Fraser Nelson: After lockdown we can expect a third wave – and No 10 needs to admit it

In spite of all of our success, not just procuring but inventing Covid vaccines, Brits are still stuck under one of the most stringent lockdowns in the developed world, writes Fraser Nelson.

Vaccinated Americans have been told they can now meet each other indoors, given how unlikely they are to catch or pass on the virus. Israel has reopened, with Tel Aviv cafes now buzzing. No such latitude for the fully-vaccinated Brits.

It’s not as if Britain still has dangerously high virus levels: ours are almost the lowest in Europe. Ministers have been astonished at how few pupils tested positive in the lateral flow tests deployed for school reopenings this week. But the Prime Minister set his earliest date for a full reopening – June 21 – before any of this was apparent.

His No10 narrative is simple: stay at home. We’re almost there. Let’s keep going: just three more months and we can all get back to normal. But this isn’t quite right. When Britain reopens, we can expect a third wave of Covid… Then, perhaps, panic – and pressure for a fourth lockdown.

Read Fraser’s column in full here.

10:29 AM

Have your say: Should the vigil for Sarah Everard be allowed?

Several senior Conservative MPs have come out in support of the vigil for Sarah Everard, ahead of a court hearing to decide whether to exempt the gathering from Covid restrictions.

The vigil, at Clapham Common bandstand in south London, was organised after 33-year-old Ms Everard’s suspected kidnap and murder sparked anger over the safety of women on the UK’s streets.

The Metropolitcan Police has told Reclaim These Streets the event would not be permitted due to the coronavirus lockdown, however former ministers including Caroline Nokes and Karen Bradley, as well as party vice chairman Nickie Aiken, have said it should go ahead.

But what do you think? Have your say in the poll below.

10:22 AM

Discussions over Sarah Everard ongoing, says Metropolitan Police

The Metropolitan Police has said discussions are ongoing about whether the vigil for Sarah Everard can take place, ahead of a court hearing today.

Under the current Covid-19 lockdown in England, people are largely required to stay at home and can only gather in larger groups for limited reasons, such as funerals or for education.

Police can break up illegal gatherings and issue fines of £10,000 to someone holding a gathering of more than 30 people.

A statement issued by the force said: “We understand the public’s strength of feeling and are aware of the statement issued by Reclaim These Streets with regard to a planned vigil for Sarah Everard in Clapham Common this weekend.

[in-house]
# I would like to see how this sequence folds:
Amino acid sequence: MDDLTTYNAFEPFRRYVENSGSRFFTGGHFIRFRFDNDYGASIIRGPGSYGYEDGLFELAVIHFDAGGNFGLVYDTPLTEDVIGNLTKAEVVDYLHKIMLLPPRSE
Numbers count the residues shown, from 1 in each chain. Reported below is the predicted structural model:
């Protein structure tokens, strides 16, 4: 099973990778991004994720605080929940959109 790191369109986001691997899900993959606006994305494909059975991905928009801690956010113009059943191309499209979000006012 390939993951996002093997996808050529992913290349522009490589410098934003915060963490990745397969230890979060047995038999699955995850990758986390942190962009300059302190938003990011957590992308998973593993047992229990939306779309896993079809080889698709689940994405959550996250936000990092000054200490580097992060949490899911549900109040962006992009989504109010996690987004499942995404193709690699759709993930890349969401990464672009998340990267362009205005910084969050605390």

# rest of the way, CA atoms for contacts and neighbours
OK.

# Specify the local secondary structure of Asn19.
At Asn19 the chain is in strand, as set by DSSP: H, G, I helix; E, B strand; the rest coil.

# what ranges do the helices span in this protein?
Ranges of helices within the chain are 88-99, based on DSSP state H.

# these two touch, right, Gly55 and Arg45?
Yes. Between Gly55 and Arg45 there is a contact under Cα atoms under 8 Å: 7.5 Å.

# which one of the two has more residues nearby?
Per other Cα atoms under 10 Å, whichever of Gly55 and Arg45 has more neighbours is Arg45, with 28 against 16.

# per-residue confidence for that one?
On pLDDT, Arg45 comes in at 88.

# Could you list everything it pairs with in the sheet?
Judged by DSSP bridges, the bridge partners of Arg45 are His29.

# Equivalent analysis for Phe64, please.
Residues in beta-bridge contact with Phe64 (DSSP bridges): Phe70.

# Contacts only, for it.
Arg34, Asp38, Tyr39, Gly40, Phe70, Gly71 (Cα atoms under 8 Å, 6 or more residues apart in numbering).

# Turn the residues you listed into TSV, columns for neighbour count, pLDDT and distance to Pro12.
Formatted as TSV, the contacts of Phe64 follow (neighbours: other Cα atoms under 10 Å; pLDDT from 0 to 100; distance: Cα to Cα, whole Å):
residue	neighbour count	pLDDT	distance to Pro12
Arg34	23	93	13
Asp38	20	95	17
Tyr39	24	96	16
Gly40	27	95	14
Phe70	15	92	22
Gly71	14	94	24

“We remain in discussion with the organisers about this event in light of the current Covid regulations.”

10:15 AM

Tory vice chair says Sarah Everard vigil should be allowed

A Conservative Party vice chairman with responsibility for women has joined the chorus of voices calling for the Sarah Everard vigil to go ahead this weekend.

Nickie Aiken, the MP for Cities of London and Westminster, told the Telegraph: “If people wish to show their support for Sarah and her family then they should be allowed to do so.

“My thoughts are with Sarah’s friends and family at this time. I can’t begin to imagine the devastation they feel.

“Women and girls have the right to be safe and equally importantly feel safe. We must do all we can as a society to change attitudes between the sexes but that does not mean demonising men. It means ensuring we have laws in place to tackle any form of misogyny whether online and all walks of life.

“I hope the vigil can go ahead to remember the vibrant impressive woman Sarah clearly was and to remind us all that we still have much more to do to ensure women feel and are safe.”

Nickie Aiken MP

Nickie Aiken MP

10:06 AM

‘Penalty’ for allowing English tourists into Wales will be to halt reopening, says Mark Drakeford

Reopening Wales’s tourism industry will be halted if holiday providers are found to be taking bookings from people in England over Easter, Mark Drakeford has said.

Self-contained accommodation is allowed to reopen from March 27, however English tourists have been banned from travelling into the nation until England’s roadmap catches up.

The First Minister told the PA news agency: “People who let accommodation should not be taking bookings from people who live outside Wales. We will be talking with our local authority colleagues and with the police next week, just to see if there is anything we need to do to mobilise our own enforcement authorities.